The Being Yourself Series, from Make Me A Plan's Wellbeing Expert, Jane Studd

Last Saturday, two things happened to me in quick succession.  First, I ran a Parkrun personal best.  Immediately after, while on the phone to Principle Planner Anna, I stepped in dog poo.  “You should write a blog post about this”, said Anna, after some in-depth philosophising about what these events could mean.  So here I am.


The Great Parkrun, Dog Poo Double Event revealed a couple of key things to me (once I’d stopped cursing and hopping on one leg).  Firstly, it was a timely reminder about taking the rough with the smooth.  After some impassioned declarations that it had ruined my day, that the irresponsible owner was a terrible person, and that I didn’t even care about my run anymore, I remembered that I can, occasionally, be a bit dramatic.  When I’m in the midst of over-reacting to a situation, this can be difficult to remember, but the perceived negativity of one event doesn’t cancel out the positivity of another, unrelated event.  Even if they happen in quick succession.  Clearly no one wants to step in dog poo, but it would be a shame to let it ruin how great I was feeling after my run. 


The second thing Dog-Poo-Gate revealed to me is that, however capable we think we are, sometimes we will run into an issue that we don’t know how to resolve.  For me, this was that I had no idea how to remove the dog poo from the bottom of my trainer.  This might sound silly, but I really can’t remember the last time I trod in dog poo.  I think I might even have been young enough that cleaning my shoe was somebody else’s job.  Generally I’d say that I tend towards overconfidence in my own abilities, so realising that I was completely unprepared to deal with a relatively minor inconvenience was an eye-opener.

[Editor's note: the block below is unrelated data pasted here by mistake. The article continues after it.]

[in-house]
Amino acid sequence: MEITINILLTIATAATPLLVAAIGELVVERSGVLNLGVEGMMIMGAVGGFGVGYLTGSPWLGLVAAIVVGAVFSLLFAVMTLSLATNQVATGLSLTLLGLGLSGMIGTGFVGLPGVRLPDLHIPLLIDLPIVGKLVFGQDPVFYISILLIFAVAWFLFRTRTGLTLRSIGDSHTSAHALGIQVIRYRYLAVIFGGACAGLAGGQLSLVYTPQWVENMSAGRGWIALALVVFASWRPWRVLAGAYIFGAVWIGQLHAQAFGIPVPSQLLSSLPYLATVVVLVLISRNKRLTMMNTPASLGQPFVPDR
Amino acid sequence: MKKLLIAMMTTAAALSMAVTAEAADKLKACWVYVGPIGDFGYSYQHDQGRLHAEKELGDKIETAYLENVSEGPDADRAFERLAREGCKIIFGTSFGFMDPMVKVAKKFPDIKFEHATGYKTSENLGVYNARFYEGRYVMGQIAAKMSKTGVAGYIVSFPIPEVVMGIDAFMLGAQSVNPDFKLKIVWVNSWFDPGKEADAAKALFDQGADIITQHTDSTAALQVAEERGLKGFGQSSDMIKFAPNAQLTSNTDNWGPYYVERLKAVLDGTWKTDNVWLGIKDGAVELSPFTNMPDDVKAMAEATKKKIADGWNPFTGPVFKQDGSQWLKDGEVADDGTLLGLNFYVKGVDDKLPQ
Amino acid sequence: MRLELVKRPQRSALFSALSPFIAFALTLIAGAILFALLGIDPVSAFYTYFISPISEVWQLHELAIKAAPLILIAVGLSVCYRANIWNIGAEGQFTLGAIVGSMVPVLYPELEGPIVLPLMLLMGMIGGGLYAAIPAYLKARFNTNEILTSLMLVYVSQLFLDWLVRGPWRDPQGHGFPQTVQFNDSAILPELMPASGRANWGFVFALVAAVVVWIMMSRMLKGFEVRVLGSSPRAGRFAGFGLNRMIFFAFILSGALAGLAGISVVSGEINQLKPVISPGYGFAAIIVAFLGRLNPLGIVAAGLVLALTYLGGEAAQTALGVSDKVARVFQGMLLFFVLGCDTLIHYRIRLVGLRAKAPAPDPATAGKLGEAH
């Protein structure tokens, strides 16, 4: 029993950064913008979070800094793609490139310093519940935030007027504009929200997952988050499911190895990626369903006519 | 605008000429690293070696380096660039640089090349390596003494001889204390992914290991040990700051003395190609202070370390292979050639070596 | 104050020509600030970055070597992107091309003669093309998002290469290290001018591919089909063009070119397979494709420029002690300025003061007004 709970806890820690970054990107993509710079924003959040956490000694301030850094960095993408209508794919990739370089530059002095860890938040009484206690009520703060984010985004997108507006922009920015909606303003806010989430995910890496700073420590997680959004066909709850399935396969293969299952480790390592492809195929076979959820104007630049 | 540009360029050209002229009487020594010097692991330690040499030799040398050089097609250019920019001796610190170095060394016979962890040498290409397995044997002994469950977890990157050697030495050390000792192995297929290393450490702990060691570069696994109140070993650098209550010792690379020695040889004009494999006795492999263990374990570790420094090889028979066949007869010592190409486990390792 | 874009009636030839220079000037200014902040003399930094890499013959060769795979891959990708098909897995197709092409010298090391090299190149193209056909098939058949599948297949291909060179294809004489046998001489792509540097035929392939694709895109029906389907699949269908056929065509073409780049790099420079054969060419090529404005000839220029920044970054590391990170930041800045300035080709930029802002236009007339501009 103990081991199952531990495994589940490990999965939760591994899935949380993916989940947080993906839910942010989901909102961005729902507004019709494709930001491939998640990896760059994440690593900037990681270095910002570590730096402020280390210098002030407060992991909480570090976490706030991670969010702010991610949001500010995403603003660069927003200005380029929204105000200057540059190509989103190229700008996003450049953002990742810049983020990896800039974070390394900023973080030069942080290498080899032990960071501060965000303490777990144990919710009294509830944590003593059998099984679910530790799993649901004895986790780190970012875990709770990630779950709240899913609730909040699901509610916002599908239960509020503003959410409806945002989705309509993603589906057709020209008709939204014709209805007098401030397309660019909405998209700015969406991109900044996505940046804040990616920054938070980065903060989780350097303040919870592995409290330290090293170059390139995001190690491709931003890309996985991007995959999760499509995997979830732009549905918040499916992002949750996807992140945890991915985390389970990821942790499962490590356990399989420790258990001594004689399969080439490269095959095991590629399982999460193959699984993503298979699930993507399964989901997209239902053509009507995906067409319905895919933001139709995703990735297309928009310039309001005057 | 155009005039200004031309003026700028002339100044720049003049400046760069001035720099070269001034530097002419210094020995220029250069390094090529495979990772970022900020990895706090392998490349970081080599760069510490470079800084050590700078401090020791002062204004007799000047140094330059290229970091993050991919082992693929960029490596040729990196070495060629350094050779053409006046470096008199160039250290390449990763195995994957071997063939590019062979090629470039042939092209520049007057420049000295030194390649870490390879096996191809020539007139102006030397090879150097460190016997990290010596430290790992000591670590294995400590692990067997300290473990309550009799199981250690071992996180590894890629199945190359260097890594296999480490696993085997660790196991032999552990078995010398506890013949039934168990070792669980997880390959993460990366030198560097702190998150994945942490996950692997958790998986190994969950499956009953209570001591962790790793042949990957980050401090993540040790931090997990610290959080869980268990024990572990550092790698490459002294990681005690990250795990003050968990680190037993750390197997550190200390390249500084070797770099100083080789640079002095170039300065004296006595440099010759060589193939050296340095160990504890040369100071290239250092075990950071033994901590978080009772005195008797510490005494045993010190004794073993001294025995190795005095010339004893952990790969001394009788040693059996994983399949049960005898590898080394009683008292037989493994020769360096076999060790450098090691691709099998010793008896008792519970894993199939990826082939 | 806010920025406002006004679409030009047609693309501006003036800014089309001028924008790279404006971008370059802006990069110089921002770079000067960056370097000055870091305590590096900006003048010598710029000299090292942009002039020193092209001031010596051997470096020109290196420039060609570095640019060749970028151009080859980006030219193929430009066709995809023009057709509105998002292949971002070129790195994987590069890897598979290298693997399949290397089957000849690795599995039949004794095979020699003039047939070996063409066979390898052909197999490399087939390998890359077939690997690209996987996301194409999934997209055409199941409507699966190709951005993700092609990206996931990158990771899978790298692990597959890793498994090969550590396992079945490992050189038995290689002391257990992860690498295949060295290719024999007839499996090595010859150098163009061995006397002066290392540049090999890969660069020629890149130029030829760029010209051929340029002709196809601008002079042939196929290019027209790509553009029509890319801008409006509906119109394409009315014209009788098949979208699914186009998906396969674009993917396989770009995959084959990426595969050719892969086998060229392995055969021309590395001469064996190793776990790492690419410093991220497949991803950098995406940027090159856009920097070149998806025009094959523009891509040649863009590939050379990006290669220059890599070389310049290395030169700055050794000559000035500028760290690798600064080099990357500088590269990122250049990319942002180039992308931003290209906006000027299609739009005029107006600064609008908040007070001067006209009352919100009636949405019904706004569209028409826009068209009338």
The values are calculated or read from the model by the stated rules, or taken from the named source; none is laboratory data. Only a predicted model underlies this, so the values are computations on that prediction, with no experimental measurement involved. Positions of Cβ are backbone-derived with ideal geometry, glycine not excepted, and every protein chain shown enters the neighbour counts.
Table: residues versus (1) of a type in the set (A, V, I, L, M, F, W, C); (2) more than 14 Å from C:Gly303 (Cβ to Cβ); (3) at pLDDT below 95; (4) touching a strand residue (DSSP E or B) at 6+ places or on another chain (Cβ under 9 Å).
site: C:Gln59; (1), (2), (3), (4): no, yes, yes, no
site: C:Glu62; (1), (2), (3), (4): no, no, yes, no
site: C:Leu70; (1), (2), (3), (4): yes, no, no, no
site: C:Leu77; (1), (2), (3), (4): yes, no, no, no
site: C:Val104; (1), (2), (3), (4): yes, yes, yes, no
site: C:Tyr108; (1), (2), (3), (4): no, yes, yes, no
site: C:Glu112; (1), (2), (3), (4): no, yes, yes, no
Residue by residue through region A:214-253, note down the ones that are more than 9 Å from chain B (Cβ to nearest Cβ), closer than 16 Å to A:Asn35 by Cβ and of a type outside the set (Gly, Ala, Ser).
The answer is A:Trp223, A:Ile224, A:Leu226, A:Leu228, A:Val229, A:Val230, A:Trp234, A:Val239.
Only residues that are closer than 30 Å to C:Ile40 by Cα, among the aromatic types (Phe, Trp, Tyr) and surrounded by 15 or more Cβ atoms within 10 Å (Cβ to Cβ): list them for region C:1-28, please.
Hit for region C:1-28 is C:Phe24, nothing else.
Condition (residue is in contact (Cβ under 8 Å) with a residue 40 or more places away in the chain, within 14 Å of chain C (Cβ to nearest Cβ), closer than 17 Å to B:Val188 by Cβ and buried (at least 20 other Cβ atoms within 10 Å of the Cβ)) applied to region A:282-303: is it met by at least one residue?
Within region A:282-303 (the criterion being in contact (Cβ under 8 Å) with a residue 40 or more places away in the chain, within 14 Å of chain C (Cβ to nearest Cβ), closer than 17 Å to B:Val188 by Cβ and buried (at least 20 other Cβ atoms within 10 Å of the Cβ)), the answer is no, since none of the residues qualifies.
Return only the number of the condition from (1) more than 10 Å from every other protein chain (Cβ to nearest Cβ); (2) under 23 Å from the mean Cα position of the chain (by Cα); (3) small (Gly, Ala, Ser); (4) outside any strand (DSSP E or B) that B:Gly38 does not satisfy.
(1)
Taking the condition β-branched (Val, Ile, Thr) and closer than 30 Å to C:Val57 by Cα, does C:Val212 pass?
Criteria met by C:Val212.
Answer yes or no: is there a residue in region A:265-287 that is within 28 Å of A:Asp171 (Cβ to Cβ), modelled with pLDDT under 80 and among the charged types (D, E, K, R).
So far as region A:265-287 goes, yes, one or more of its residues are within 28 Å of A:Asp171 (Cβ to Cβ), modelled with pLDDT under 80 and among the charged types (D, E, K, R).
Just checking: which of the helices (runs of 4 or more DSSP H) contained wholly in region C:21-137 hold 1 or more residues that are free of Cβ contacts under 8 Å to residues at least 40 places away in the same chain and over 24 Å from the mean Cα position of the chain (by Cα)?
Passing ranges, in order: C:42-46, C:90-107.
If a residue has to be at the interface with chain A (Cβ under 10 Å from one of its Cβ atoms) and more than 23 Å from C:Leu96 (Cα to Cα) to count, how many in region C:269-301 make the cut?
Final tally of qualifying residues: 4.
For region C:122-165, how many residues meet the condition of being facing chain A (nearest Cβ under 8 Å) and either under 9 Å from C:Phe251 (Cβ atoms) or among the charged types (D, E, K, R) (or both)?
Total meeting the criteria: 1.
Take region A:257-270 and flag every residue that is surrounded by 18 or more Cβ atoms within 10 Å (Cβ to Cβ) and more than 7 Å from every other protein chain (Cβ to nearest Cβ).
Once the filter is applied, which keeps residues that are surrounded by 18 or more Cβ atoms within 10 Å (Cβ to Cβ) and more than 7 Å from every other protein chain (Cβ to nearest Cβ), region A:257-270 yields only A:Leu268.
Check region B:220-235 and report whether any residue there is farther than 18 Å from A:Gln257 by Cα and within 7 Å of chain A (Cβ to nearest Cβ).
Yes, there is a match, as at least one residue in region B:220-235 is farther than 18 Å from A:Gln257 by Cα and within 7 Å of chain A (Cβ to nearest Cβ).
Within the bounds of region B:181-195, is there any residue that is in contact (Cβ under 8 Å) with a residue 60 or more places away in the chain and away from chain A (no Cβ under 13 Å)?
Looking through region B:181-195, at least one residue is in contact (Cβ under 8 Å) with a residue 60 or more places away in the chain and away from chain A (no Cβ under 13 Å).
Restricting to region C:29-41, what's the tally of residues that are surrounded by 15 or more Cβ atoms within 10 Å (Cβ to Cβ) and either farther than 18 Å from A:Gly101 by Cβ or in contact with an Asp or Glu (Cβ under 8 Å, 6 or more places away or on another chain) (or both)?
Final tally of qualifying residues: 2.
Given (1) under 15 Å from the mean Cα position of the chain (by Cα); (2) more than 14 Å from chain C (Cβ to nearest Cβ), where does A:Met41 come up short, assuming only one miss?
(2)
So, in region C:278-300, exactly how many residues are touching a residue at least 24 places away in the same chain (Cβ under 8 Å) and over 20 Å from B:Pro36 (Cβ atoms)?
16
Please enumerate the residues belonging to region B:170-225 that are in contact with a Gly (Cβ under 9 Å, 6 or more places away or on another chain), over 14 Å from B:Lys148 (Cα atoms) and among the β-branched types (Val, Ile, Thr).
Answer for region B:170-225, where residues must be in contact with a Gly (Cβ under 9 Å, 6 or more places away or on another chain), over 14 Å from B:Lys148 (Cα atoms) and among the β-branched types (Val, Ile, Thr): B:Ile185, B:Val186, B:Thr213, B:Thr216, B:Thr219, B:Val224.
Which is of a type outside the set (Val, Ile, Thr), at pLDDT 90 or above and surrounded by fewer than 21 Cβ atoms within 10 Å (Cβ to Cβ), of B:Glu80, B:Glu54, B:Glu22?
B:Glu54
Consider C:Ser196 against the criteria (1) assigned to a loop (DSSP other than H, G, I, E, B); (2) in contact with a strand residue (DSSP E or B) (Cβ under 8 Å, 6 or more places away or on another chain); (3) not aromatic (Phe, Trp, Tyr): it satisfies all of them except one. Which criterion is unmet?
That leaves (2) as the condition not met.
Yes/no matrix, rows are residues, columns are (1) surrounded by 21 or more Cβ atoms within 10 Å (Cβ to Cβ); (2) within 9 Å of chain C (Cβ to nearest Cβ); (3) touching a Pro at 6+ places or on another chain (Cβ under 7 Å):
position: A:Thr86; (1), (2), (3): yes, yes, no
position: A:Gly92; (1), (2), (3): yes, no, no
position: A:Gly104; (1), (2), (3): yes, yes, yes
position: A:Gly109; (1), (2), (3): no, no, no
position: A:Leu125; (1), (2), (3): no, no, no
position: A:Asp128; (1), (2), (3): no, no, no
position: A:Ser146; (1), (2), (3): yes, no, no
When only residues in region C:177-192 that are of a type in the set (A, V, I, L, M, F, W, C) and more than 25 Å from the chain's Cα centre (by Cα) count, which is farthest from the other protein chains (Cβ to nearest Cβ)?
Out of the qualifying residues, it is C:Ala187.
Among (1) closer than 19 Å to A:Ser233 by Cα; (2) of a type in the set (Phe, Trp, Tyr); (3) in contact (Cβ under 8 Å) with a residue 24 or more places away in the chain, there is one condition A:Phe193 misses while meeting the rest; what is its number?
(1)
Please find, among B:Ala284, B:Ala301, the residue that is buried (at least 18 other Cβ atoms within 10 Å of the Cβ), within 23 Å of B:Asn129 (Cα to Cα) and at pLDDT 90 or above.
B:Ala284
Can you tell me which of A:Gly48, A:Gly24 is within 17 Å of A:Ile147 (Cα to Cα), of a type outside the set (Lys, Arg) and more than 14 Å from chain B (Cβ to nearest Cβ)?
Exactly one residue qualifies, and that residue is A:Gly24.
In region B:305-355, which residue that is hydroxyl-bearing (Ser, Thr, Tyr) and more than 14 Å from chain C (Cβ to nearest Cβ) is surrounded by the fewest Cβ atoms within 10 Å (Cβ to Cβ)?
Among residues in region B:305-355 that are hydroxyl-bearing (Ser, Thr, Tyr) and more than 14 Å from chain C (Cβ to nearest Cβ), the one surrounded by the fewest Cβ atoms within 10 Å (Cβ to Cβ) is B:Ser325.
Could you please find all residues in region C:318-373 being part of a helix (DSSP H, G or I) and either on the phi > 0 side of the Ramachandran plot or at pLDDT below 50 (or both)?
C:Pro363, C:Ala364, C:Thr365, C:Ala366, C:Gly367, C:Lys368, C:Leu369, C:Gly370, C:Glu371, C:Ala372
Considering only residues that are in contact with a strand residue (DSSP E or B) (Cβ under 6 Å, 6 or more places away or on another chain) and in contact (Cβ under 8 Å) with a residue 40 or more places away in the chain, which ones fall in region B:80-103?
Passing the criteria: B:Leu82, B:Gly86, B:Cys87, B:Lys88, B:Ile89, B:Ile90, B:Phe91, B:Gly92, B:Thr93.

When we don’t know how to resolve a problem, whether it’s cleaning dog poo off a trainer, or something more serious, it can really knock our confidence in our adulting abilities.  Especially if it’s something trivial, it can be embarrassing to admit that we don’t know how to do something and it can be easy to imagine that we’re the only person in the world who doesn’t know what they’re doing.  Just to prove that this isn’t true, we all have adulting blind spots, here’s a quick list of things that either my friends or I have learned late in the game, or else still can’t do:


Telling the time on an analogue clock


The alphabet


How to buy postage stamps


Telling the time in 24hr clock


Times tables


How to tie a tie


How to tie shoelaces without using the bunny ears method


Left and right


How to read a bus timetable


This isn’t an exhaustive list.  I compiled it in about ten minutes by sending out a group message to my friends and choosing the first few replies.  They’re still coming in while I write this, lots of them more than once.  Whatever your blind spot turns out to be, you’re definitely not the first person to have it and you’re probably not even the only person you know who has it.  It’s nothing to be embarrassed about, so just ask around and find a friend who can teach you; or, if you really are too embarrassed, just Google how to do it, and then pretend you knew how to do it all along.  If you’re interested, I went with the classic solution of asking my Mum.  My trainers are now poo free.

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